Episode One – A New Day

There were a couple of issues when trying to play; faces would freeze but the dialogue would continue, or a hand would go through the door handle it was supposed to be holding….and Lee’s beard is really annoying, it just doesn’t look right. Still I found this more relaxing than a horror game like Resident Evil where instead of you being required to shoot down what is in front of you and react to everything around you, all you have to do to survive is follow commands displayed on screen. When episode one is over a trailer is displayed for episode two, the contents of this actually would have put me off getting the next episode but I had already gotten them all so that didn’t matter!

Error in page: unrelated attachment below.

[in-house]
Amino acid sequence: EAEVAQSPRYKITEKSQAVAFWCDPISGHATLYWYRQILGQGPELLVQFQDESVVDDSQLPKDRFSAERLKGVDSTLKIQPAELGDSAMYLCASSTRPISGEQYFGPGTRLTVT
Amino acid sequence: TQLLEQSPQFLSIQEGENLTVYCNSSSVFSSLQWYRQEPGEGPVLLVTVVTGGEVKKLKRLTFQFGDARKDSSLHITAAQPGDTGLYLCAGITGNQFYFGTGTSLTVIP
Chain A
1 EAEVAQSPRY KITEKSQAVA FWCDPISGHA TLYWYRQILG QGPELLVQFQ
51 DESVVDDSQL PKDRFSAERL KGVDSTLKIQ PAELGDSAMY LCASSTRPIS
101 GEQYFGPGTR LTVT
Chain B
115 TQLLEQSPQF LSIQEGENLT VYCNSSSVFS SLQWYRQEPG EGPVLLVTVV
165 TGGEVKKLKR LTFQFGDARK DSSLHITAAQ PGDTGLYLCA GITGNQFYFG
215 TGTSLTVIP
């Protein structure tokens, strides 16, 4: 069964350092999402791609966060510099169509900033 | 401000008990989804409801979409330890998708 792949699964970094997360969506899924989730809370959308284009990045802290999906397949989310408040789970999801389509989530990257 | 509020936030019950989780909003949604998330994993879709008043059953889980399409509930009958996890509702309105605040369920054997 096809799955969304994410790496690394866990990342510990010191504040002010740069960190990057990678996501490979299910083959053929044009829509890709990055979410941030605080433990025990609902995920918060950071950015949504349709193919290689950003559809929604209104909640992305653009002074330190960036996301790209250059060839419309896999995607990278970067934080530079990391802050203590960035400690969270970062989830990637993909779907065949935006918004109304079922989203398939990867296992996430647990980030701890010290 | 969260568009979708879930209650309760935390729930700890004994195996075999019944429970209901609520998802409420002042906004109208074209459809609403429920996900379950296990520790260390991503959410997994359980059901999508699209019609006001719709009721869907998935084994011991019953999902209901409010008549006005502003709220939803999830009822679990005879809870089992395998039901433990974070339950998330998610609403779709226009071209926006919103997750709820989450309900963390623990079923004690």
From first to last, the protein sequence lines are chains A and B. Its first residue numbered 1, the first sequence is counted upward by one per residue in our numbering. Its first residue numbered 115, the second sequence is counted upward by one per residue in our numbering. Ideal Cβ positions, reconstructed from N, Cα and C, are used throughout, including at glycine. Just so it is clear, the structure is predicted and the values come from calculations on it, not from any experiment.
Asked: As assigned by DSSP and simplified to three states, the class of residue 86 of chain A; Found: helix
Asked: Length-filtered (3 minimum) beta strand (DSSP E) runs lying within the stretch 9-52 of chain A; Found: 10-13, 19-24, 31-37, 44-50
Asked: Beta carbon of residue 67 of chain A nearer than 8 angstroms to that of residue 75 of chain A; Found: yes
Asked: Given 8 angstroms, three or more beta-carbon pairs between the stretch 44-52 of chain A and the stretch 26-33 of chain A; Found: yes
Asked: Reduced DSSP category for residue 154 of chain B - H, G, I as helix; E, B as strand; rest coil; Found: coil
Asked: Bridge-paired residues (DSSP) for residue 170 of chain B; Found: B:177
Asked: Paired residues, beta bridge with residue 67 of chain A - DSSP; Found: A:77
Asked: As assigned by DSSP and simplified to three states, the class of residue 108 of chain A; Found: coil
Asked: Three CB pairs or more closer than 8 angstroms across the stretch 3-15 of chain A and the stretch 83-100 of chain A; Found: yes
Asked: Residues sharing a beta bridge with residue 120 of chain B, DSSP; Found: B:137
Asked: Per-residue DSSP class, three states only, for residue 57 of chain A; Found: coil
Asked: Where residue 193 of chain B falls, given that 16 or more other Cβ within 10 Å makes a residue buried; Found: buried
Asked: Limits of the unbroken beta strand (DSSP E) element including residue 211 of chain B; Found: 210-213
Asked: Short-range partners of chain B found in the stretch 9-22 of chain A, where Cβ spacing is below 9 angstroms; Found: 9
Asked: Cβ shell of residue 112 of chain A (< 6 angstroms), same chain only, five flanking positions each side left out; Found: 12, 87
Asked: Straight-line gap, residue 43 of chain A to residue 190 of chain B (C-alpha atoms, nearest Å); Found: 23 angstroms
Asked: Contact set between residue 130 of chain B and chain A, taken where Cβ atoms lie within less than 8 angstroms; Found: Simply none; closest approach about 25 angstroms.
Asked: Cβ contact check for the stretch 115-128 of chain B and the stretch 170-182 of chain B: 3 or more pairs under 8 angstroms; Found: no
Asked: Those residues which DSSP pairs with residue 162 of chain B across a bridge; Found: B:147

Episode Two – Starved For Help

Starting it up I was expecting a “previously on The Walking Dead” scene and I wasn’t disappointed. I almost wish I had played this when it was released periodically as these T.V. style reminders at the start of each episode and teasers at the end were a really nice touch. This episode had a pretty gruesome start to it and all the choices I made this time round seemed to upset people (oops my bad). At some points I didn’t like any of the options I was given, you are allowed choose to stay silent but I wasn’t having any of that, I had to pick one!

Episode Three – Long Road Ahead